Having said that, I think my “actual” audience differs somewhat from that profile. Although I do have a lot of readers that would fit the ideal description, I wouldn’t be surprised to find out that a majority of them are actually pastors, other Christian leaders, and Bible/theology students. I’m sure some of that comes from the blog’s more academic roots, but I think many of them also appreciate the blog’s more popular focus because it gives them resources for dealing with difficult theological issues in an accessible manner, since that’s precisely what many of them do on a daily basis.
And yes, I’m constantly surprised when I find out who reads the blog. As you know, most people never comment or give any other sign that they read your blog. But every now and then I’ll run into someone and they’ll casually mention that they enjoyed a post or picture. That’s usually fun, though it can be a little intimidating when you suddenly remember that you reviewed that person’s book a while back.
Read part 2 here.
I encourage you to read Everyday Theology as well as follow Marc on Twitter and Facebook, You should also check out his books: Theological Anthropology: A Guide for the Perplexed and Embodied Souls, Ensouled Bodies: An Exercise in Christological Anthropology and Its Significance for the Mind/Body Debate. You can also find a list of Marc’s publications here.
What is Christ’s relationship with the OT? Berkouwer writes,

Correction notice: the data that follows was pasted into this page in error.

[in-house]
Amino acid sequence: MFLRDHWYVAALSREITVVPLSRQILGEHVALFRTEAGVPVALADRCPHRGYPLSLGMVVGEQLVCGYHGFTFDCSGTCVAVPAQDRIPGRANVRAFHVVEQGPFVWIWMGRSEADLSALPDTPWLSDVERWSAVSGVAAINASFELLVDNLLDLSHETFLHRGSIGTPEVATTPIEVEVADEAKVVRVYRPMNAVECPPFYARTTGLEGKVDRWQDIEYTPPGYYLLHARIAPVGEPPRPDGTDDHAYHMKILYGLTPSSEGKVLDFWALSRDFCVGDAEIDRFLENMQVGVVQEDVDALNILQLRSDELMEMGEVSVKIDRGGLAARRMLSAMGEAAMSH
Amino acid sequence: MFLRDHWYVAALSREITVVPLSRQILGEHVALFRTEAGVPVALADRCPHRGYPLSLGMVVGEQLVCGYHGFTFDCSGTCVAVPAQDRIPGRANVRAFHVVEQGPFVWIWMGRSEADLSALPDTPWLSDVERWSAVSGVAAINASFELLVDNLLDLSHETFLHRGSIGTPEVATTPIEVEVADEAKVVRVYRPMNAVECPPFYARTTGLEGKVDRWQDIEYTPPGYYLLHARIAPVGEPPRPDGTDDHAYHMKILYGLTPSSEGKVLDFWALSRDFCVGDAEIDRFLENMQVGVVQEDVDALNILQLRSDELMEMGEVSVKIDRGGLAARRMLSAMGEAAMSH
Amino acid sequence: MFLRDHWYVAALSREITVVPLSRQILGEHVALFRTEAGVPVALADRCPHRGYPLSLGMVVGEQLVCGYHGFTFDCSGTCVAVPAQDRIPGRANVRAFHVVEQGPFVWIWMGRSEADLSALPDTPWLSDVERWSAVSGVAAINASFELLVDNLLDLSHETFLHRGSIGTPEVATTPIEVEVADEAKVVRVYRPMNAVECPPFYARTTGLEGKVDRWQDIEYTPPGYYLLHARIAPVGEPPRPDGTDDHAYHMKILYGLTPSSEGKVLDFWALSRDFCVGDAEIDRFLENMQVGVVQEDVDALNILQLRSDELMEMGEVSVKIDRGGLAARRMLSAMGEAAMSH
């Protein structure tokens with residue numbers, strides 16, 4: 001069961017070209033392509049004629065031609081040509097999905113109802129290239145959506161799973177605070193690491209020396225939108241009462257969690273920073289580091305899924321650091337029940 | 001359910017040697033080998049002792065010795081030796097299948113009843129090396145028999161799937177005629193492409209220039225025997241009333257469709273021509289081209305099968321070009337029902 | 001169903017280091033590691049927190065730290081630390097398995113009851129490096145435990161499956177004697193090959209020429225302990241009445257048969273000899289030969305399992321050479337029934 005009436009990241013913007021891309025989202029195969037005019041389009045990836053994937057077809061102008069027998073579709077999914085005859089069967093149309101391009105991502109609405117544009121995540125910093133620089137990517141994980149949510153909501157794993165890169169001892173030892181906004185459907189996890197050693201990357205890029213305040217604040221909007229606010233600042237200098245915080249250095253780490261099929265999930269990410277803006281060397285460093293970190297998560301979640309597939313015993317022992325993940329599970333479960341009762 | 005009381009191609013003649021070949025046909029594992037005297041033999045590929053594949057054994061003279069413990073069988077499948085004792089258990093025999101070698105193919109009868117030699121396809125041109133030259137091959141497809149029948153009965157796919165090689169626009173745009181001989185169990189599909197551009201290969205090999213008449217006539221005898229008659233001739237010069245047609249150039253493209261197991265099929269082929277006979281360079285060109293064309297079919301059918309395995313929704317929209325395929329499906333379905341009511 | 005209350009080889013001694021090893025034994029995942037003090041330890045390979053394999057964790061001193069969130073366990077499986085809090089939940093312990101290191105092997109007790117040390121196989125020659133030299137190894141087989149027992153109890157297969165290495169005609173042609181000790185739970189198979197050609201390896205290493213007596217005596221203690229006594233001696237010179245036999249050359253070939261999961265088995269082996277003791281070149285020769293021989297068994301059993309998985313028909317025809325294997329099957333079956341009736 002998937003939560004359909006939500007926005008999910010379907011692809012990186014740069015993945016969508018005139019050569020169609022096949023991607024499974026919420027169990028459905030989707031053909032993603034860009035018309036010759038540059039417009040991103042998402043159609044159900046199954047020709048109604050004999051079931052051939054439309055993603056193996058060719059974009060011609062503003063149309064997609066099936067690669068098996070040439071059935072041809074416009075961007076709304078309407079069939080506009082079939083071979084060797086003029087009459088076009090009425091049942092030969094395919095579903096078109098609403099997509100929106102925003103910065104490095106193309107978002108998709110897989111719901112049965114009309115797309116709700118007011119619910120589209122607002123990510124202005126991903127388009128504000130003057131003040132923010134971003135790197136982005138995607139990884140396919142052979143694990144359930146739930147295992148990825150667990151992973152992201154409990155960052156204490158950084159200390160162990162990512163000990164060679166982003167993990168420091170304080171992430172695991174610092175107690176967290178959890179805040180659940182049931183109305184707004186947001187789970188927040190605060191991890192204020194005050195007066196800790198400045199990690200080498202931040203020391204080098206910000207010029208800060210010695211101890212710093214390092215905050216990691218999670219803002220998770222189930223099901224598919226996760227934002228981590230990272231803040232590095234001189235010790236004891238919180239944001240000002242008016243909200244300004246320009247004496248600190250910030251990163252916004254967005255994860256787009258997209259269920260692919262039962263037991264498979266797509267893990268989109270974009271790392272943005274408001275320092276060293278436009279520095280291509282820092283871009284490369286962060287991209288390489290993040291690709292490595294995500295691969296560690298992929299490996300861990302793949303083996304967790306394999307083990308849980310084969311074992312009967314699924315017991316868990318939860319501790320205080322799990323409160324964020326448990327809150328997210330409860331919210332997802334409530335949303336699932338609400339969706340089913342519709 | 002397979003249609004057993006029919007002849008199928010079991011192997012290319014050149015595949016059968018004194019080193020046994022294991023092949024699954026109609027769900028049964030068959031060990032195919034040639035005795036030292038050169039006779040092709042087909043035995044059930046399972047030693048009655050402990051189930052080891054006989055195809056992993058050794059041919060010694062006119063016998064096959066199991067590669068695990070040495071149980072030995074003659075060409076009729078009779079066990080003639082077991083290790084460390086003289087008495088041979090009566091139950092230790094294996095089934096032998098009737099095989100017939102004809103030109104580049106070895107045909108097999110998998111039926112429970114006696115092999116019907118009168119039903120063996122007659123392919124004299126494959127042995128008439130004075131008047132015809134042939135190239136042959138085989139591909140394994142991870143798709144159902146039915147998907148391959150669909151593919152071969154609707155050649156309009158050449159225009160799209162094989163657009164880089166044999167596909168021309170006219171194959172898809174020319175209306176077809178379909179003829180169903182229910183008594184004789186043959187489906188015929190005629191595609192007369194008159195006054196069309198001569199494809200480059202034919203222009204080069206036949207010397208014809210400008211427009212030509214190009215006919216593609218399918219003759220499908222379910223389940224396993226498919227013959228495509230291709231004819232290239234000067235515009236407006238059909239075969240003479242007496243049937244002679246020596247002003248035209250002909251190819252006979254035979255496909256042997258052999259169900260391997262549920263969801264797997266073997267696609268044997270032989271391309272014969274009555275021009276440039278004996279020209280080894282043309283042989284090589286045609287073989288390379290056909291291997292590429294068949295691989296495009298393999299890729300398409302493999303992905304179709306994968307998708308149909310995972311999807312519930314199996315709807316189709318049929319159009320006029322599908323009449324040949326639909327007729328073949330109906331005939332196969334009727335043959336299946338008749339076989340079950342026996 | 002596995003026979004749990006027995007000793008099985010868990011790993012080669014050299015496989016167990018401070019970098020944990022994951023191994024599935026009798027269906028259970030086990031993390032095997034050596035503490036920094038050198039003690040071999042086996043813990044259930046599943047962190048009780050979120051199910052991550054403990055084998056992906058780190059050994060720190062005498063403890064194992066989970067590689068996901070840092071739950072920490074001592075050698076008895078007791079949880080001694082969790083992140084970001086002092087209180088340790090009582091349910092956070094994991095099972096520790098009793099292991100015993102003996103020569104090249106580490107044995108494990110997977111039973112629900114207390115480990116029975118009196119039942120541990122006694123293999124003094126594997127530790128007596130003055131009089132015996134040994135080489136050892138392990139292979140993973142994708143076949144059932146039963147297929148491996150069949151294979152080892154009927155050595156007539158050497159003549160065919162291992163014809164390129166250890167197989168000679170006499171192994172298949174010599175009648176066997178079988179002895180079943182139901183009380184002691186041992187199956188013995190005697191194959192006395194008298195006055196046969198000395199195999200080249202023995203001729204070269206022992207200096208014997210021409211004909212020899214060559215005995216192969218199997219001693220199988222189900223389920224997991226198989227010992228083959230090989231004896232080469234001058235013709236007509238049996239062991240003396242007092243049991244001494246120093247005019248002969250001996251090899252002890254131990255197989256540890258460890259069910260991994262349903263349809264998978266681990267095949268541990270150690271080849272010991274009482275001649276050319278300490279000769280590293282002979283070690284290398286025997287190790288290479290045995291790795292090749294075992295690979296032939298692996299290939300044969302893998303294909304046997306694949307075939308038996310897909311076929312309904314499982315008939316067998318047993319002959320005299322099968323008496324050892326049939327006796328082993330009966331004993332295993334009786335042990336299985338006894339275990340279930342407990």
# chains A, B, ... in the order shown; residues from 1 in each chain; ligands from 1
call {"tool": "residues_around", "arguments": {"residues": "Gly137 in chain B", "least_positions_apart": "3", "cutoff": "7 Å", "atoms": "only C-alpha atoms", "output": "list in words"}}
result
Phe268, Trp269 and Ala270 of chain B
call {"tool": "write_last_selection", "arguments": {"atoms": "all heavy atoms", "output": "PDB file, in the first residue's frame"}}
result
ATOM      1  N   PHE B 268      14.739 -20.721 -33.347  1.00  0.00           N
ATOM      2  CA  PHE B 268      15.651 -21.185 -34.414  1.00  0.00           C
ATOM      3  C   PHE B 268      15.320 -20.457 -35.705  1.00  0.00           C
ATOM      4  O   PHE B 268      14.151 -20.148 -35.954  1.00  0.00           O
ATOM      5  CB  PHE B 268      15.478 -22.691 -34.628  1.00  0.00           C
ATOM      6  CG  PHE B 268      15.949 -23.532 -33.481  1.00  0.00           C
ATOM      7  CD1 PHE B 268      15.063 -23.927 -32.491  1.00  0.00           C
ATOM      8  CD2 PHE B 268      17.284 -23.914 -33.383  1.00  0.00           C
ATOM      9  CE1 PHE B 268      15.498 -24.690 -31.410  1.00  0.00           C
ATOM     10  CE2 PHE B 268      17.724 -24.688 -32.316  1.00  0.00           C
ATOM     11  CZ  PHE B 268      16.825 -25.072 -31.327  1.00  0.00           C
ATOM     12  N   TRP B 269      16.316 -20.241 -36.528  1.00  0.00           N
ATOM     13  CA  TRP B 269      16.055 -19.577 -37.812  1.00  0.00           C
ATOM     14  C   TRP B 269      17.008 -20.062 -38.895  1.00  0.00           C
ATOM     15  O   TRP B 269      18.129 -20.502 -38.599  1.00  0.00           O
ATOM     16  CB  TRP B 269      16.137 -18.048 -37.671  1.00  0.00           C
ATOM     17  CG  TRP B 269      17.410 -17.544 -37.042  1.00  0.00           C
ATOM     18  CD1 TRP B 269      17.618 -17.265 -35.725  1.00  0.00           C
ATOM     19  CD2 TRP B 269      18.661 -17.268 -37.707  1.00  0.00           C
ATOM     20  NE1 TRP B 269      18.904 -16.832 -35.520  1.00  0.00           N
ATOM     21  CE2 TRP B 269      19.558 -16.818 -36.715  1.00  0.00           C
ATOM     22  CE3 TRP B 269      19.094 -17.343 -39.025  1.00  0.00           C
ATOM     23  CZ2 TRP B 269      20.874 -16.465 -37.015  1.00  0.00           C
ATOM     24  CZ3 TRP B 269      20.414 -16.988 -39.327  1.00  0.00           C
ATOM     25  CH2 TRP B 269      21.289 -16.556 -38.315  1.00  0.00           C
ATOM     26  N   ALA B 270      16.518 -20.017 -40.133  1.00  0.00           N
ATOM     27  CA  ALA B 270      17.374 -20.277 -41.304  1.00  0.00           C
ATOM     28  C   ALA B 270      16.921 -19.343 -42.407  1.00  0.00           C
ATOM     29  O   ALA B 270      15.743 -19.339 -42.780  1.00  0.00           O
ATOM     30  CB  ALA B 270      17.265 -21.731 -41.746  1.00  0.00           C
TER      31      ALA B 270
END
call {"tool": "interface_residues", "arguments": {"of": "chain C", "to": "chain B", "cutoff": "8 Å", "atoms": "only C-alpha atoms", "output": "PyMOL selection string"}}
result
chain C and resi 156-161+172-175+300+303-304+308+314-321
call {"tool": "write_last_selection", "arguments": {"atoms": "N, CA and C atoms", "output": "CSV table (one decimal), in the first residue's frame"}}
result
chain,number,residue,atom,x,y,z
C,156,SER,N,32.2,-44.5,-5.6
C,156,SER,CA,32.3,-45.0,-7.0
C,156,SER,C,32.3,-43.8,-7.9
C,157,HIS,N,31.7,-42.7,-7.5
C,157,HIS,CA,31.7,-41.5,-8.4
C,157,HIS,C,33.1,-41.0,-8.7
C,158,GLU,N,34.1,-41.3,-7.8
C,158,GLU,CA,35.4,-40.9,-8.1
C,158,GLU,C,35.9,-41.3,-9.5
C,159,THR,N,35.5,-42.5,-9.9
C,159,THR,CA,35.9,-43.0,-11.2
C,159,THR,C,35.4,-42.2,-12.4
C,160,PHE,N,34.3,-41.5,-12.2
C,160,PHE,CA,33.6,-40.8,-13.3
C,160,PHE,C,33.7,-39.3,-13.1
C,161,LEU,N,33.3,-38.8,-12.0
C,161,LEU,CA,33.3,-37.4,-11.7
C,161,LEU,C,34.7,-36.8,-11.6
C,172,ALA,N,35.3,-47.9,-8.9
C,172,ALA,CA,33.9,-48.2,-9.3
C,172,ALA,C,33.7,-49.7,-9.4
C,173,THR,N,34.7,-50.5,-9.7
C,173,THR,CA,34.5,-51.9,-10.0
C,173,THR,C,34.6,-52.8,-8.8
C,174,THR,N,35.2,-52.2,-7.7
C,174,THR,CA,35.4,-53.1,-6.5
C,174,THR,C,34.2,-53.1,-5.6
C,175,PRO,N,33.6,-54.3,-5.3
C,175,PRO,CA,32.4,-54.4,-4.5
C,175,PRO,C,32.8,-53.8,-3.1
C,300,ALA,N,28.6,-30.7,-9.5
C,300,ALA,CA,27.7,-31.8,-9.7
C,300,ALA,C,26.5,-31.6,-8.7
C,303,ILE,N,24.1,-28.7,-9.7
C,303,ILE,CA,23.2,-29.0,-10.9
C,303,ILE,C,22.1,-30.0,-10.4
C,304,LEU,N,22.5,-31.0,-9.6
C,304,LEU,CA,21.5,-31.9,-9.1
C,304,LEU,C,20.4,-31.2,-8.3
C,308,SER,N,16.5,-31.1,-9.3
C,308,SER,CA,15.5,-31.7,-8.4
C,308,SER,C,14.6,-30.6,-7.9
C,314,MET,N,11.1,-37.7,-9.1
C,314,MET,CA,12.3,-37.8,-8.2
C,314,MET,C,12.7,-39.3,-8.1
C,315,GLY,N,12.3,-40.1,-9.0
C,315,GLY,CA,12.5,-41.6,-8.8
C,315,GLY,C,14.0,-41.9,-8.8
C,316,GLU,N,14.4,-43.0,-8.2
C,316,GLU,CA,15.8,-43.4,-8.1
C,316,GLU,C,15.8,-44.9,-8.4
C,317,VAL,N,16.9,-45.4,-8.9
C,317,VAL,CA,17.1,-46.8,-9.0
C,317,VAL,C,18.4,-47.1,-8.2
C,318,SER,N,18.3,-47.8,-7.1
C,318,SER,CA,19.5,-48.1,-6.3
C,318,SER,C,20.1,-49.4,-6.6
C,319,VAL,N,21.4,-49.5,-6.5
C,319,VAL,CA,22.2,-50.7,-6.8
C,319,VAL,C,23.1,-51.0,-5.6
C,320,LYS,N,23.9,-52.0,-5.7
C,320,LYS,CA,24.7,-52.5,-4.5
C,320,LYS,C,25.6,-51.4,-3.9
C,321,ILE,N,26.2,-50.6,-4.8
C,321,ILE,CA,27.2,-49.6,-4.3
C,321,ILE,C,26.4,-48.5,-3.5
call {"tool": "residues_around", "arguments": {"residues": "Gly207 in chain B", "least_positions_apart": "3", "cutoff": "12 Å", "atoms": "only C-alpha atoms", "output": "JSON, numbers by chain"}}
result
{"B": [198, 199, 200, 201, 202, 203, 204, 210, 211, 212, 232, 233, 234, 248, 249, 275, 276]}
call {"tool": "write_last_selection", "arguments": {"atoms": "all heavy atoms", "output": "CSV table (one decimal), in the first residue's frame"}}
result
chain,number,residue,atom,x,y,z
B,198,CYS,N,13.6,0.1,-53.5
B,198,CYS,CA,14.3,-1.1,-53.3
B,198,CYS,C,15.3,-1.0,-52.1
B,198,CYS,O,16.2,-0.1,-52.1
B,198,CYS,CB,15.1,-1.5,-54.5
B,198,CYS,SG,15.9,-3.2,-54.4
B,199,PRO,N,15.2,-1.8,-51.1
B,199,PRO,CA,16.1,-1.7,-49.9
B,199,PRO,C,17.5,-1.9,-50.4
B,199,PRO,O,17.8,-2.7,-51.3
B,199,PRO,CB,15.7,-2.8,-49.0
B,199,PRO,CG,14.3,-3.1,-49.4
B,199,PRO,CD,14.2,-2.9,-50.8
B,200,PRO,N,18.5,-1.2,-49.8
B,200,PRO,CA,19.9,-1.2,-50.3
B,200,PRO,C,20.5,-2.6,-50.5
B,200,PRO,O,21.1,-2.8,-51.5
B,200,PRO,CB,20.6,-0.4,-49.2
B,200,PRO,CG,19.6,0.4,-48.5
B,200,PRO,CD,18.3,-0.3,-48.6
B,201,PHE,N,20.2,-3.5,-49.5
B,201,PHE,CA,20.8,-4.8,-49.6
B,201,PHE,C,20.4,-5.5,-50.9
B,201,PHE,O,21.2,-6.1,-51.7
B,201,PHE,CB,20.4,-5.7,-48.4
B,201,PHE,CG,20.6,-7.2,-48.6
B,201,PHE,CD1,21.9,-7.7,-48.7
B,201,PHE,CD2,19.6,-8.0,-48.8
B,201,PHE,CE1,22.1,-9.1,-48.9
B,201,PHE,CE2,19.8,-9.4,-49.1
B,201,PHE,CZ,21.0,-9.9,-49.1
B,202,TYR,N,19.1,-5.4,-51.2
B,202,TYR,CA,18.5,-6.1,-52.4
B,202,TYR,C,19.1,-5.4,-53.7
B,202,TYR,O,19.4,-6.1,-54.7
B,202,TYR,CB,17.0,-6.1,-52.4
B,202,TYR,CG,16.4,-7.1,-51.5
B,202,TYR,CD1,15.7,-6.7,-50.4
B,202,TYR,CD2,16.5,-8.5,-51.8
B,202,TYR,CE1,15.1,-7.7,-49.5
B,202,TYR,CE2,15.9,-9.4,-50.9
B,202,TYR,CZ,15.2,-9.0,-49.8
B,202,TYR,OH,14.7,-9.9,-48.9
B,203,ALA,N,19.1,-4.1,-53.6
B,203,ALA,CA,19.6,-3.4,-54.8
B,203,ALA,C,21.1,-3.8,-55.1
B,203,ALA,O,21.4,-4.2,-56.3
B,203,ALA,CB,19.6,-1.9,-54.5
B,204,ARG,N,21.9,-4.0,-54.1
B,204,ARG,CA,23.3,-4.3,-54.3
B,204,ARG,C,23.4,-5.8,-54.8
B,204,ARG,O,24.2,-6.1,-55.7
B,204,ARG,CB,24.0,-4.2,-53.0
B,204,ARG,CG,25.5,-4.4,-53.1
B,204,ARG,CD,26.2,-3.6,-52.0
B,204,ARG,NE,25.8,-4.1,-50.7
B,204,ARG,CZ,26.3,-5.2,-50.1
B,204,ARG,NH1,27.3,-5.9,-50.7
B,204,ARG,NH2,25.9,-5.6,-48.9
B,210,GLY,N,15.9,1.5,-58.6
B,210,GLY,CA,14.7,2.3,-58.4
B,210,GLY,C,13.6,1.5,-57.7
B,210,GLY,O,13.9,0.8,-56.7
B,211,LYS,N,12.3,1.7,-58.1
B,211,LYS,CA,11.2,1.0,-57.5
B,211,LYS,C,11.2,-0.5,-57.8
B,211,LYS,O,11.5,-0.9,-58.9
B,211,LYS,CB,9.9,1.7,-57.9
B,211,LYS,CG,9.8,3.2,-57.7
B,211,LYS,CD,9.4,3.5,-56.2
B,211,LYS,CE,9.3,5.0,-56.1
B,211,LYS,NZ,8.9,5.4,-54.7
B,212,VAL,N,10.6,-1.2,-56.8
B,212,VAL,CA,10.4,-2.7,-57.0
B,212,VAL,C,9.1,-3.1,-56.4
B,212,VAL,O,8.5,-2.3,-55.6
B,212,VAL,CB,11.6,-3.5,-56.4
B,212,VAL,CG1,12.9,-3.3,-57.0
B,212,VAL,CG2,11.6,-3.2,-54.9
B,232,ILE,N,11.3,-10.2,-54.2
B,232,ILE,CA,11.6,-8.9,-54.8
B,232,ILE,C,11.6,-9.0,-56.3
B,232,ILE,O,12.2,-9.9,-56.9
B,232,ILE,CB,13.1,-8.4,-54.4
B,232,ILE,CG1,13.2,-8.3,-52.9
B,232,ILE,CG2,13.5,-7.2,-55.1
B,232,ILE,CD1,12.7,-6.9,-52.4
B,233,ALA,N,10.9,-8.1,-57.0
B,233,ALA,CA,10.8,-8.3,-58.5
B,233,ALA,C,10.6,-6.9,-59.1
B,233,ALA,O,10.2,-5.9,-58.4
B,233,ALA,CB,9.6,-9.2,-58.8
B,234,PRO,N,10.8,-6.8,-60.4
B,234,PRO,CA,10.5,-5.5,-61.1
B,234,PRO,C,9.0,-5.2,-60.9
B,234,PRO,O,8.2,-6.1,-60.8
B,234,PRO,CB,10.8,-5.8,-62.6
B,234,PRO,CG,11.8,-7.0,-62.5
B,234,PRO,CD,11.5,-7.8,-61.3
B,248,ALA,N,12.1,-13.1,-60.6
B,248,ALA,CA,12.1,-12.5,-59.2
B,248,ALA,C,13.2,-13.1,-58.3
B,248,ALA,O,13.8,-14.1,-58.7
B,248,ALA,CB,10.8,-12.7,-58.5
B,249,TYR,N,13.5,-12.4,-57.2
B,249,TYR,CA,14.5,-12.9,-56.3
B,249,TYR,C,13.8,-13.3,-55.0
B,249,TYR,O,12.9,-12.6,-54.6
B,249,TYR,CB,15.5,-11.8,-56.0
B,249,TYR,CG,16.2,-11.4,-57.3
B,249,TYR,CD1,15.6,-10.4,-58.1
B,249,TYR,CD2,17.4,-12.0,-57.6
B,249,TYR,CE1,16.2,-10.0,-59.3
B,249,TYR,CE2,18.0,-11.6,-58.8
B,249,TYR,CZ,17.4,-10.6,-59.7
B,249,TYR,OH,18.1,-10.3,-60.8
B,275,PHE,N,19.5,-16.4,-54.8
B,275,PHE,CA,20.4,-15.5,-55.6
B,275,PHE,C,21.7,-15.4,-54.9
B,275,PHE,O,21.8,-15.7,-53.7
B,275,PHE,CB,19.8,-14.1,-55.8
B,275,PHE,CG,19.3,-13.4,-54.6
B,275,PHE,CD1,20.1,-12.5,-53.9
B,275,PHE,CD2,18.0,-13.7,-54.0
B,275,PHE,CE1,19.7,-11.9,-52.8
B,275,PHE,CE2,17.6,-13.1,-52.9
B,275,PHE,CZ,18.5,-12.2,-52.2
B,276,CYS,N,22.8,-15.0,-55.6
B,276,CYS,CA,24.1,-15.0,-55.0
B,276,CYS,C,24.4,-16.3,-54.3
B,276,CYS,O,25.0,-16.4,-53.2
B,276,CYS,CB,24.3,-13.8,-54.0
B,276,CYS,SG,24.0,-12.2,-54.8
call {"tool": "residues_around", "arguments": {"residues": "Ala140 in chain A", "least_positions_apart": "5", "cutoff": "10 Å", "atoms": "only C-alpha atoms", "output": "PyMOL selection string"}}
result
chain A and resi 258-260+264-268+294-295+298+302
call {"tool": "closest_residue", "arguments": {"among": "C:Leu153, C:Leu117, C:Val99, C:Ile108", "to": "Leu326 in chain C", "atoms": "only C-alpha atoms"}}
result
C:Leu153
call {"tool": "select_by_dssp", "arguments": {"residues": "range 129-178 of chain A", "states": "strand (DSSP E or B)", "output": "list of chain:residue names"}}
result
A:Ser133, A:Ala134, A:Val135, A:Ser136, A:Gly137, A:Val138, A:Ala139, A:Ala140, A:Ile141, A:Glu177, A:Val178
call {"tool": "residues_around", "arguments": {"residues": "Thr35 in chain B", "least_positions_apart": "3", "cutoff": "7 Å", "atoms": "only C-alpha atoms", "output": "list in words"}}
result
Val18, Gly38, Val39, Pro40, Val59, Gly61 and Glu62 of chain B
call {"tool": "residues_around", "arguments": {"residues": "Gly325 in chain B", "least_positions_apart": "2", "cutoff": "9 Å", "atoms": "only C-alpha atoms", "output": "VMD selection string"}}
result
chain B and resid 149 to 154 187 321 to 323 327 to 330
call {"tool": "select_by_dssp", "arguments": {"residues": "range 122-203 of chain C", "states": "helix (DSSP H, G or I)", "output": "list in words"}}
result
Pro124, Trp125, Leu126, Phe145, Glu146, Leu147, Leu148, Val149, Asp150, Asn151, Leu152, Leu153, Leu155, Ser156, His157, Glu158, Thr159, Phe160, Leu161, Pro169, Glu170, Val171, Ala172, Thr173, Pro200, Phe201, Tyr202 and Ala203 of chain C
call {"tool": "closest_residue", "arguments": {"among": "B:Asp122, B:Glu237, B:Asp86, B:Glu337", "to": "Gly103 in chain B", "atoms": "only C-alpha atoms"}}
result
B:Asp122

“Christ himself declares that the Old Testament scriptures “are they which bear witness of me” (John 5:39). The Old Testament to him was not a book of significance to the Jews only but a book having direct bearing on him and his work. This point of view he applied concretely when, after the Resurrection, he was in conversation with the two men on the road to Emmaus about the central cause of their extreme depression. He ascribed it not to a misunderstanding of, but to their unbelief toward, the Old Testament prophecies: O foolish men, and slow of heart to believe in all that the prophets have spoken! Behooved it not the Christ to suffer these things, and to enter into his glory? (Luke 24:25–27) And although we do not know the details of the instruction which then followed, we do hear of a program: “And beginning from Moses and from all the prophets he interpreted to them in all the scriptures the things concerning himself.” (Berkouwer, Studies in Dogmatics: The Person of Christ)
What would you add?